A cover letter is essential when you're applying for any kind of job, even an executive position. It's your opportunity to show a potential employer why you are the right candidate for a role. However, the requirements for an executive cover letter are slightly different than for any other kind of job. Use these tips to craft the perfect executive cover letter.
An executive cover letter needs to be more than a simple summary of your work history. Instead of repeating information that the hiring manager has already read in your resume, use your cover letter to spell out the personal traits and professional skills that make you the best candidate for the role. Remember, the aim of this letter is to explain what makes you stand out from the crowd. If you have particular experiences that position you to take on this executive position, your cover letter gives you the space you need to describe them in detail.
An executive cover letter requires a formal tone, which means good grammar and no slang. However, you don't want it to sound too robotic. Try to adopt a friendly, conversational tone that expresses your personality. Leave out the tired cliches and the meaningless phrases that appear in too many cover letters.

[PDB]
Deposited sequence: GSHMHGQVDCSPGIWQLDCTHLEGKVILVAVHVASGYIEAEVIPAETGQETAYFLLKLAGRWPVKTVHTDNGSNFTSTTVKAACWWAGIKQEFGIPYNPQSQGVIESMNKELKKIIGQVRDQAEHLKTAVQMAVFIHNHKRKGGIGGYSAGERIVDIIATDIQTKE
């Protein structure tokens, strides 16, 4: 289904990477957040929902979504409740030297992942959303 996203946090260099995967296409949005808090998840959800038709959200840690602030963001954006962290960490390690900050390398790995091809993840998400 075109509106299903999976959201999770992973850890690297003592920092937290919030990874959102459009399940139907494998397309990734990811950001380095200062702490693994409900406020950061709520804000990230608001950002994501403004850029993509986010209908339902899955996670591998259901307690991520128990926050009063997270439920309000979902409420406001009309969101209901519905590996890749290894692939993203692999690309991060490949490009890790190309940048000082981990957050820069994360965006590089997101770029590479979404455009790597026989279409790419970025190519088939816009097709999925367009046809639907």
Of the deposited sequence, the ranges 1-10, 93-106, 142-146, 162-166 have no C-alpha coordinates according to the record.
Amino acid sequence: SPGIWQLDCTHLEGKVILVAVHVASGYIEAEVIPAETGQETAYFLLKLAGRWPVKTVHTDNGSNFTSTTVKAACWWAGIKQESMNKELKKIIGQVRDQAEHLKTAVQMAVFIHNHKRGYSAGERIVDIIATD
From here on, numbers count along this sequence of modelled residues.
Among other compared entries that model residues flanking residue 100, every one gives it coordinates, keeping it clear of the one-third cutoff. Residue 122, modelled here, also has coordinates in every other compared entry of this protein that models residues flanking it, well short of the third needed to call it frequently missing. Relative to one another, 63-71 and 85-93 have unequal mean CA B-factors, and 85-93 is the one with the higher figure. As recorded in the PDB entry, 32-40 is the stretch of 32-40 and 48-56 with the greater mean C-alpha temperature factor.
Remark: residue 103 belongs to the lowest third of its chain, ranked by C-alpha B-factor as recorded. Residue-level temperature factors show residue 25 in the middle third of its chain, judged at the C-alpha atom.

At an executive level, your cover letter needs to show your skills, rather than merely telling the reader about them. Saying that you're a team player communicates very little, but explaining how you managed a team of people to work together and successfully complete a project on time and under budget could convince a hiring manager that you have what it takes to take on a leading role in the company.
Every executive position is unique, which means that every cover letter you send out should be unique, too. Don't use the same cover letter for multiple job applications. Instead, write a new cover letter for every application, so you can carefully tailor each letter to the advertised role.
Most importantly, your executive cover letter should express your enthusiasm and your passion for both the job and the company. If possible, include details about the organization that show you have done your research. Find out as much as you can about the company culture, and explain why you would be a good fit.
Some executives think that cover letters are old-fashioned, but there is never any harm in sending one along with your resume. A cover letter is a good opportunity to expand on the information presented in your resume, allowing you to make a good impression on your potential employer. When crafting an executive cover letter, remember the tips given here: be passionate, be original – and, above all, be yourself.
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